Credit Score

What is a Credit Score?

Your credit score, or FICO score, is a number that reflects your financial responsibility at the time the credit report is ordered.  The information helps lenders decide if you’re a good worthiness or at a credit risk.  Your score is based on – but not part of – your credit report. It’s generated at the time of a request to pull your credit and is noted on the credit report.

What Determines My Credit Score?

Payment History

The factor that has the biggest impact on your score is whether you’ve paid past credit accounts on time. However, an overall good credit picture can outweigh a few late payments overtime by re establishing or a continuance of a paying your current credit accounts on time.

Amounts Owed

Open credit accounts and owing money doesn’t mean you’re over extended.  However, owing a high percentage of the approved limit on a loan or credit cards or personal debt could suggest that you are financially overextended and may impact the decision to qualify for a loan.  Part of the science of scoring is determining how much debt is too much for a given credit profile.

Credit History
A longer credit history will have a higher probability to increase your FICO score. It shows that you are responsible and can manage your credit over time. However, even people who have not been using credit very long may get high scores, depending on how the rest of their credit report looks.

Length of Credit
In general, a longer credit history will increase your FICO score.  A credit history for 2 or more years will benefit the borrower’s credit worthiness by proven he/she is responsible for managing credit over time. However, even people who have not been using credit very long may get high scores, depending on how the rest of their credit report looks.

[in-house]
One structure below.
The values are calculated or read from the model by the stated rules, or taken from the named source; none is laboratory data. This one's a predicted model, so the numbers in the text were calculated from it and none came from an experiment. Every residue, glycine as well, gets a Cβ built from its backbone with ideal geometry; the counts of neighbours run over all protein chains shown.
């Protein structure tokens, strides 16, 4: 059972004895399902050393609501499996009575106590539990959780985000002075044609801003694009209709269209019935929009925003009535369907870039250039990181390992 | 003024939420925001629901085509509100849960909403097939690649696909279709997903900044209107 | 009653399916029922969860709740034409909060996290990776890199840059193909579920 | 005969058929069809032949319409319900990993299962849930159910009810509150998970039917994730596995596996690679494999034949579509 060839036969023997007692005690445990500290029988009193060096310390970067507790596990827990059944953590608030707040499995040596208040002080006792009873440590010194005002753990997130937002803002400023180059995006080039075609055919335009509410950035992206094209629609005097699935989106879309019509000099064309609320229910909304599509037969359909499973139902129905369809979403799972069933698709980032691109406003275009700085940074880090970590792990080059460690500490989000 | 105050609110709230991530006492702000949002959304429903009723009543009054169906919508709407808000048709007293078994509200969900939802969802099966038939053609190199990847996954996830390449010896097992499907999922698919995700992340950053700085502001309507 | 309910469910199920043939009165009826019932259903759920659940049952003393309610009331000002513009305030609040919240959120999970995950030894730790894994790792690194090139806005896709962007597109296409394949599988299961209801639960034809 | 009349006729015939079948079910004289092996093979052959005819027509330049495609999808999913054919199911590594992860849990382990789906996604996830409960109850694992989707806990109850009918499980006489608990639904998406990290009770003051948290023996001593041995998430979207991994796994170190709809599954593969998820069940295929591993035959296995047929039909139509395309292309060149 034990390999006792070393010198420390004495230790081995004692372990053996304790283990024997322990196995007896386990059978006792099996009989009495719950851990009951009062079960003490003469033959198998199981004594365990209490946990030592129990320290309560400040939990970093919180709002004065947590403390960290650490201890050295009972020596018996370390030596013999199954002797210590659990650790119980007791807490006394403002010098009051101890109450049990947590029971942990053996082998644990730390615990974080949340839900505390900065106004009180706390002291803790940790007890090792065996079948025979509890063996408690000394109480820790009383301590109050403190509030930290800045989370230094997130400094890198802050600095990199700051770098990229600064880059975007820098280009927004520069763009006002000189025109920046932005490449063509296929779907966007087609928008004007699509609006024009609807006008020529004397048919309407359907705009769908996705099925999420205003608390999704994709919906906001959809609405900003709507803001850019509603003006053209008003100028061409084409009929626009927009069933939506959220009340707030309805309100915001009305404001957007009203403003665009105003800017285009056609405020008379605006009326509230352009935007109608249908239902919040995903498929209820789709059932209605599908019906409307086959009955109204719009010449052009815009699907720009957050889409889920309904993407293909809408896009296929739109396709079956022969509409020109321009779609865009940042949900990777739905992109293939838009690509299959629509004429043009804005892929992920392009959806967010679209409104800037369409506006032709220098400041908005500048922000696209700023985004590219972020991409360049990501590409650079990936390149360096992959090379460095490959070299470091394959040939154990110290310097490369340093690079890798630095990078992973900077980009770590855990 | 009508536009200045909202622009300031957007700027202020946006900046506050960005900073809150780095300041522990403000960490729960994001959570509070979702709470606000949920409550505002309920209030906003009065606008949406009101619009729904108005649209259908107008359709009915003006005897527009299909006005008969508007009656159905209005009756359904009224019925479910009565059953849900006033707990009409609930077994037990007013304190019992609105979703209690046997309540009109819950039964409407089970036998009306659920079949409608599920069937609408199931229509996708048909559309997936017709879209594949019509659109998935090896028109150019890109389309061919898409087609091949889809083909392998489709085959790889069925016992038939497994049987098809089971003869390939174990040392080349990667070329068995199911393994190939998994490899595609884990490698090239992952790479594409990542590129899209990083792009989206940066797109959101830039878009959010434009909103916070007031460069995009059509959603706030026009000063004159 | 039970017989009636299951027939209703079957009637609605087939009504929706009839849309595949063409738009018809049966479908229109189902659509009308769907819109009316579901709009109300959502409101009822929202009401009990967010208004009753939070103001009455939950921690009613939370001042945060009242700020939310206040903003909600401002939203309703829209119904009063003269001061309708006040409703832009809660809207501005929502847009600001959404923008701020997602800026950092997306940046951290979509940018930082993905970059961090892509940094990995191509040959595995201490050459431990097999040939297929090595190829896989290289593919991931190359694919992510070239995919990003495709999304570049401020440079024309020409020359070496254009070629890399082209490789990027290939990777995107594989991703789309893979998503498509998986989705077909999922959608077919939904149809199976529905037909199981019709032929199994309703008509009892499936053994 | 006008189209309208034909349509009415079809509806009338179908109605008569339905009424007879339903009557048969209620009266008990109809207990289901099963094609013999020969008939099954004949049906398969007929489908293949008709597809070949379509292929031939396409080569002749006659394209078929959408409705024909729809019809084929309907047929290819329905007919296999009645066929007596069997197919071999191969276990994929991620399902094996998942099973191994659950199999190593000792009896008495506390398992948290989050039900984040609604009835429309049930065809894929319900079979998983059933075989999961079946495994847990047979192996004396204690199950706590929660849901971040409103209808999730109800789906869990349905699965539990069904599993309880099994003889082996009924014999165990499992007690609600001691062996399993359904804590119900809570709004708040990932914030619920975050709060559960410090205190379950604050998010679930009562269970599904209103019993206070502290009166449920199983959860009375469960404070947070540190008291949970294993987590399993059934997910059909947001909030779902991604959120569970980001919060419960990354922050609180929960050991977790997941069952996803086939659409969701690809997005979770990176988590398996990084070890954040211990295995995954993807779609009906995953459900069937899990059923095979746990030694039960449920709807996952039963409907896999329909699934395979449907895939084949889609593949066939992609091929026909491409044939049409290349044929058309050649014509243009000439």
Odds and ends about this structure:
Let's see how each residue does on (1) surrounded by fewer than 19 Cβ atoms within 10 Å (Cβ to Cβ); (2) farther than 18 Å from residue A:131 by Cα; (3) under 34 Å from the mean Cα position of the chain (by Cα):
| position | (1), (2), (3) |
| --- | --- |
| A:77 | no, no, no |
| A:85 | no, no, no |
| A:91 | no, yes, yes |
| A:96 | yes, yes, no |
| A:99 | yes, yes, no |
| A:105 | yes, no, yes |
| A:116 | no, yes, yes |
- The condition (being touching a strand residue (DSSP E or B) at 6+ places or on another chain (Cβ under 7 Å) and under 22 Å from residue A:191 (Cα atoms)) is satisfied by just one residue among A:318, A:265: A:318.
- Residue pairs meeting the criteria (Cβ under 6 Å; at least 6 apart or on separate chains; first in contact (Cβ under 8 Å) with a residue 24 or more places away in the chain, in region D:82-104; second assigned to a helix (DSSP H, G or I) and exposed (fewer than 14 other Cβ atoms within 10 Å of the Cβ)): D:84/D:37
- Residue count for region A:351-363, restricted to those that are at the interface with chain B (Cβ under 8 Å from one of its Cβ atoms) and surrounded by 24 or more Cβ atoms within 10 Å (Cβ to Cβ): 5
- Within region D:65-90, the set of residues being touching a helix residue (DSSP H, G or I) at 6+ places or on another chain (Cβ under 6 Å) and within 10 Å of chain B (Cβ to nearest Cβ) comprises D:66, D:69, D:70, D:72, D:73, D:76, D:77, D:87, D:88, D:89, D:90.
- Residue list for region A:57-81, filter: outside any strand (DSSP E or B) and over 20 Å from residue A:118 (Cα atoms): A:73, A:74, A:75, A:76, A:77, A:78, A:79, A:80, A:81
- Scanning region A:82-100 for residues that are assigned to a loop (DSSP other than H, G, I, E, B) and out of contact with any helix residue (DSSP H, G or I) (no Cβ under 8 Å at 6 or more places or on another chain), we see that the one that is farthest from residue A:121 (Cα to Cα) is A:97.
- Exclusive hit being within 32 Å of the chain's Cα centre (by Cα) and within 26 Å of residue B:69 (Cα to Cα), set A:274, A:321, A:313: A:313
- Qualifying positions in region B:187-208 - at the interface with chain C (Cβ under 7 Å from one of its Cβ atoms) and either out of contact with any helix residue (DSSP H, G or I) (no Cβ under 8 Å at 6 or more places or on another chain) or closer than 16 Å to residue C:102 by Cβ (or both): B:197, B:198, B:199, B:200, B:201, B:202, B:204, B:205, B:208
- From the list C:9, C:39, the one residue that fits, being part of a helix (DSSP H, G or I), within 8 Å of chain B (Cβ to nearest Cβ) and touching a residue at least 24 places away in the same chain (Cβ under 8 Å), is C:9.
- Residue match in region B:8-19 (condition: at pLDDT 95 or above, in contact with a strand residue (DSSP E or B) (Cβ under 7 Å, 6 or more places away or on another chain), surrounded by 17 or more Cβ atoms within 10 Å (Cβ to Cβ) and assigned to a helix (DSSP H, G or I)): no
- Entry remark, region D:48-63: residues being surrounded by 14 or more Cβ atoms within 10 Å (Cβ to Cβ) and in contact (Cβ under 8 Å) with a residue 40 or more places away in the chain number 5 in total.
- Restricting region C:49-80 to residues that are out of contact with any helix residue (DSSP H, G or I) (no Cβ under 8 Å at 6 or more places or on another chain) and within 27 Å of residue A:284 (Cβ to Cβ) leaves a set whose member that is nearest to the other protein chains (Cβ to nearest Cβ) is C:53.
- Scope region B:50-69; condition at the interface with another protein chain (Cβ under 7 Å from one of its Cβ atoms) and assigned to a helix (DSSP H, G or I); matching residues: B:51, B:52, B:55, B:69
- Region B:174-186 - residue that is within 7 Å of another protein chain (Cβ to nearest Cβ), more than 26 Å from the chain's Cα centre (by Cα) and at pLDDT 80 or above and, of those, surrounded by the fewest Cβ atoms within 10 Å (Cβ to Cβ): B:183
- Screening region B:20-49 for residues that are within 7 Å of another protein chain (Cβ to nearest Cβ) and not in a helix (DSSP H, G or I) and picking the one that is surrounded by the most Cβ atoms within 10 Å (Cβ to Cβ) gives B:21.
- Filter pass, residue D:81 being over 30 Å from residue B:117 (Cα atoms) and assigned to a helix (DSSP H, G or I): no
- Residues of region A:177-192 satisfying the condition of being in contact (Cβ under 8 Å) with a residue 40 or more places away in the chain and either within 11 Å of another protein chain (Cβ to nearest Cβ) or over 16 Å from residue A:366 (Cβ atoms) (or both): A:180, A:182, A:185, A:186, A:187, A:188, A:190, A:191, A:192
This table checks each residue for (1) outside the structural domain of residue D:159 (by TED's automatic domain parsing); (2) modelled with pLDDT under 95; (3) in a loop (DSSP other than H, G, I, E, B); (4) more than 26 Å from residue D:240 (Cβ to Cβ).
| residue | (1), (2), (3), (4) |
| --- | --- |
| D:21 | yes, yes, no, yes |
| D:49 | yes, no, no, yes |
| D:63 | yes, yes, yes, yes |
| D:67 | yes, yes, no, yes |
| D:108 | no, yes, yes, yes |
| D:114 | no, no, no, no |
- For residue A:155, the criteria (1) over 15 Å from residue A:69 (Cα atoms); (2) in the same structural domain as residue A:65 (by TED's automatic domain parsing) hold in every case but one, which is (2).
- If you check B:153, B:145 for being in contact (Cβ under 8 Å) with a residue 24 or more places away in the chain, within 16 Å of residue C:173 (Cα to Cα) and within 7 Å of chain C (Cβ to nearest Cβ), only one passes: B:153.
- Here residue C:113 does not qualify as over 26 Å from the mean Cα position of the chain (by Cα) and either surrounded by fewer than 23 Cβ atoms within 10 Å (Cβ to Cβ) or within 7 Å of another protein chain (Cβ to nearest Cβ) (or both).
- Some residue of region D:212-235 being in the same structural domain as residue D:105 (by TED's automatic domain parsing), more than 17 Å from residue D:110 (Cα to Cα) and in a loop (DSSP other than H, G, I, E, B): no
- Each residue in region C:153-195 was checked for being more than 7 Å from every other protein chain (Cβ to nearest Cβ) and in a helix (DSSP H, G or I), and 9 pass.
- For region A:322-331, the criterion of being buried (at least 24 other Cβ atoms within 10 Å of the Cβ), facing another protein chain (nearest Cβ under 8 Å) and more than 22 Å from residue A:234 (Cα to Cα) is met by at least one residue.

New Credit 
Today, people tend to have more credit by easily shopping for new credit either in the store or on line. But opening several credit accounts in a short period of time can represent a greater risk – especially for people with a short period of time credit history. Opening new credit accounts may drop the FICO credit score because the creditors orders a report under your name to determine your qualifications that is considered an inquiry on the credit report. The credit score model may review the inquiries as too many open accounts in a short period of time triggering a greater risk of borrowing too much money that could reduce the FICO score. The explanations as to why the credit was pulled will not be disclosed on the report.

Information on the Credit Report
The information is a combination of credit cards, retail accounts, installment loans, auto loans, finance companies, and mortgage loans and derogatory credit if applicable and public record if applicable.  While a healthy mix will improve your score, it is not necessary to have one of each, and it is not a good idea to open credit accounts you don’t intend to use. The credit mix usually won’t be a key factor in determining your score.



Interpreting Your Credit Score

The formula or reasons for your current credit score is listed below. These reasons can be very useful in helping you determine how you might improve your score over time, and whether your credit report might contain errors.
If you already have a high score (for example, in the mid-700s or higher) some of the stated reasons for credit concerns may not be very helpful, as they may reference the factors that have the least impact on your score, such as: length of credit history, new credit and types of credit in use.

Ten most common explanations:

  • You have one or more accounts with late payments
  • You have one or more accounts that have gone to a collection agency
  • You have one or more accounts that are recently past due
  • Number of months past due
  • You have numerous past due accounts
  • You have too much debt
  • The balances on your credit cards are too high in comparison to your approved limits
  • Your credit history is not long enough to show responsible credit management
  • Too many accounts with balances – concern over your debt load

More questions?  Contact Annamarie Rita Scarselletti at 267-382-0690 or email to

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